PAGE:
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Frustrated Gardner tosses helmet, gets stitches


CLEVELAND — Sometimes, karma’s a busted lip.

Barely a week after admonishing one of his teammates for slamming away a helmet in anger, a bloodied Brett Gardner sustained a unique injury Saturday when his own helmet-tossing episode went awry.

Instead of dropping innocently to the floor after it was rifled against a wall in the New York Yankees’ dugout, Gardner’s helmet bounced violently back to him, unexpectedly striking him in the mouth.

Six stitches, a sizeable clot and a fat bottom lip later, the outfielder sheepishly admitted to reporters that his frustrations at the plate got the better of him.

He said he learned a lesson, too: “I won’t throw my helmet again.”

How badly did it hurt?

“Not as bad as getting the stitches put in,” Gardner said.

It was in the top of the sixth inning of the Yankees’ 8-4 loss to the Cleveland Indians when Progressive Field was jolted by a loud boom along the ballpark’s first-base side. At first, it sounded like something ricocheted hard off the facing of a stadium deck or a box-section window.

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Something ricocheted, all right. And right into Gardner’s face.

“[It was] just frustration building up,” said Gardner, who is in the middle of an 0-for-19 stretch hitting.

Gardner’s most recent hit was five games ago, in a victory over the rival Boston Red Sox. It came at the end of a five-game hitting streak, and was part of a stretch in which Gardner had hits in 11 of 12 games.

“Just got to keep plugging away with it, and making sure when you do get a pitch, when you do get a good fastball to hit, you’ve got to take advantage of those situations,” Yankees manager Aaron Boone said of Gardner’s recent struggles.

Just before the sixth-inning tantrum, Cleveland had broken a 2-2 tie and taken a two-run lead thanks to a double and an Oscar Mercado home run in the bottom of the fifth. That added to the frustration as Gardner wanted to do something to help get his team back into the game.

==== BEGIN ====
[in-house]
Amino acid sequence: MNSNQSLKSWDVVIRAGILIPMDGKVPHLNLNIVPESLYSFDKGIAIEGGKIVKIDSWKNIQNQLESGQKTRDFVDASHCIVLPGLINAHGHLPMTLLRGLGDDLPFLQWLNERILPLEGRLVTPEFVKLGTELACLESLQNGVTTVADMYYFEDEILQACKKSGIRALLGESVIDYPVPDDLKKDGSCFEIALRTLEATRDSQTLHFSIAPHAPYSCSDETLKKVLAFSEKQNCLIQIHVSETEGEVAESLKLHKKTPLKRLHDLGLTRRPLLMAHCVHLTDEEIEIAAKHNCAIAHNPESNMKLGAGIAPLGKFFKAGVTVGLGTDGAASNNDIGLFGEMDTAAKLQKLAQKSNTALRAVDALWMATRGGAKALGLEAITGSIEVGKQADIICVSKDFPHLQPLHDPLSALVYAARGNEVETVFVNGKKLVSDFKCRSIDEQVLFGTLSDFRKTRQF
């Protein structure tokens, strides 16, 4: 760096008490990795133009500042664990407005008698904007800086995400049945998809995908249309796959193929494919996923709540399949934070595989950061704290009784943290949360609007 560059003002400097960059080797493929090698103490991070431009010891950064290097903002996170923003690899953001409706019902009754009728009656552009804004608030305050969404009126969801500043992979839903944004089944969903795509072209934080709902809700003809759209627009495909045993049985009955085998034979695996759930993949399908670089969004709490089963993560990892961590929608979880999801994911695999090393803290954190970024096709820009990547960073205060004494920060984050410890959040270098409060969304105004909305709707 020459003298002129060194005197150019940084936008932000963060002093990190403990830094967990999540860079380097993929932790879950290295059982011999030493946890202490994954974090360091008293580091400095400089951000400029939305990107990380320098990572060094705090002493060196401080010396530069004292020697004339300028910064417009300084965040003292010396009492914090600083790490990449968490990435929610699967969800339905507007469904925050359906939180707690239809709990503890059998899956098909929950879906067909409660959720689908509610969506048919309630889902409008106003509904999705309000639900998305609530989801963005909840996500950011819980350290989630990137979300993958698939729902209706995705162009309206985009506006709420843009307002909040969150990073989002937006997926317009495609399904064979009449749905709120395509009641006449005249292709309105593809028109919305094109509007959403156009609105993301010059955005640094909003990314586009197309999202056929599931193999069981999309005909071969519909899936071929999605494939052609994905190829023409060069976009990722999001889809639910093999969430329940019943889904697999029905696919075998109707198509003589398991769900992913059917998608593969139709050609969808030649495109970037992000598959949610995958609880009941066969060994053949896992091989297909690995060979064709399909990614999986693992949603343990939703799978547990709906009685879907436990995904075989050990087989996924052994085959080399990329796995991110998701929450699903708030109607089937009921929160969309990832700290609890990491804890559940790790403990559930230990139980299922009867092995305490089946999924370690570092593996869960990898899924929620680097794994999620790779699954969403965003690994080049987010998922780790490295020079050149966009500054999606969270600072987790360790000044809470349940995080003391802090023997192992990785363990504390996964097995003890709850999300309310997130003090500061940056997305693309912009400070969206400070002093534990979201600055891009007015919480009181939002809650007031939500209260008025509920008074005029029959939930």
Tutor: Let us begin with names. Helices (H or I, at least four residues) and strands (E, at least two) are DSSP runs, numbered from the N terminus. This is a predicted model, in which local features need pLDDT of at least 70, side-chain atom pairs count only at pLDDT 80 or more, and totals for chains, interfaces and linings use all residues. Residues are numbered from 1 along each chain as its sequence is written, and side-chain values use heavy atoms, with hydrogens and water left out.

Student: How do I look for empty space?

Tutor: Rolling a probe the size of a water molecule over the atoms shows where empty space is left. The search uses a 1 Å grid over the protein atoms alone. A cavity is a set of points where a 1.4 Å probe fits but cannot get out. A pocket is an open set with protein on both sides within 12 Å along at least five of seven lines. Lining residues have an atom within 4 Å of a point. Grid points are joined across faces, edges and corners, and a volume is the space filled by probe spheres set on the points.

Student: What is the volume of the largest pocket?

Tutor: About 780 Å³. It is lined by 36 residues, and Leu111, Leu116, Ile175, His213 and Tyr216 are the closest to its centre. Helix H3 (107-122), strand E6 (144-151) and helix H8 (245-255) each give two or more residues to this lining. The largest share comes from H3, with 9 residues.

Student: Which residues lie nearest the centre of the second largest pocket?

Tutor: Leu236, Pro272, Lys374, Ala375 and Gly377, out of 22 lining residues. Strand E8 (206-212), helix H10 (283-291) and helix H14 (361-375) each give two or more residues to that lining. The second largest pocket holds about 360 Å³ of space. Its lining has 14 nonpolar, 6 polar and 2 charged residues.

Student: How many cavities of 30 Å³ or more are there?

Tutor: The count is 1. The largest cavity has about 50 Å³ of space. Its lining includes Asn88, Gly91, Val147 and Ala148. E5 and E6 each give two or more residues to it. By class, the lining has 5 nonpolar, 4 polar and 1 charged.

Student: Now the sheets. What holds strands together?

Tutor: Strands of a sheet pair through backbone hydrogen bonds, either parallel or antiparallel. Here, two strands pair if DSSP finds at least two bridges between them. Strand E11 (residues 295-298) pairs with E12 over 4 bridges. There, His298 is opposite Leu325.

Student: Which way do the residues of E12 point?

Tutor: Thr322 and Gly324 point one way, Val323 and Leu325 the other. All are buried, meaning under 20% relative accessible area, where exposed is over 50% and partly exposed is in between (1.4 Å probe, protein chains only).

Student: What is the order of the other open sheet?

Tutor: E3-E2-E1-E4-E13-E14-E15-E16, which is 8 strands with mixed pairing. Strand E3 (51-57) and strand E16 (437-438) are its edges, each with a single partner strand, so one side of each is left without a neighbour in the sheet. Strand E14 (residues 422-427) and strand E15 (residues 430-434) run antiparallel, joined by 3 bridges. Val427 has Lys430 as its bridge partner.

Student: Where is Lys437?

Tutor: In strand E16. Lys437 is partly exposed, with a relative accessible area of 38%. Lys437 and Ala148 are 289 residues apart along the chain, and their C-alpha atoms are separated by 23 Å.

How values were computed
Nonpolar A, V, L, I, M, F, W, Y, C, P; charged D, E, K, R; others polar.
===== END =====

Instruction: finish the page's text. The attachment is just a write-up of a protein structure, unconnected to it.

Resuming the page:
As the Yankees’ leadoff hitter the next half-inning, he swung hard at a 91.9 mph fastball right down the middle of the plate. The line drive traveled deep into the right-center gap — 376 feet away. At first glance, it looked as though it had a chance to fly over the wall.

But Cleveland’s right fielder, Jordan Luplow stalked the fly ball and snagged it just as he crashed into the fence.

“To hit a ball like that and it’s an out, yeah, just frustrated,” Gardner said. “I told Boone if I hadn’t done it [thrown the helmet] then, I would’ve done it after my next at-bat. Either way.”

Gardner grounded out sharply to second base in the eighth inning, capping the 0-for-19 stretch he’s scuffling through.

Although typically mild-mannered away from the field, Gardner acknowledged to reporters that he can “get pretty angry often” on it. A few seasons ago at Minnesota, he got upset and threw his helmet.

“It came back and hit me in the head and gave me a big goose egg,” Gardner said.

This time, the helmet-throwing landed Gardner in the trainer’s room, where a half-hour after the game, he was getting six stitches — without numbing fluid — from the inside of his bottom lip all the way out. The stitches go right down the middle of his lip. They made it tough to speak, and might affect the way he eats and drinks. Thankfully, he said, there were no cameras in the clubhouse when he spoke.

Gardner has had stitches in his lip before from a rare — yet more common — baseball injury. During spring training several seasons ago, he fouled a ball off the plate, and it bounced up and hit him in the mouth. Those five stitches went about a quarter-inch to the left of where his current ones are.



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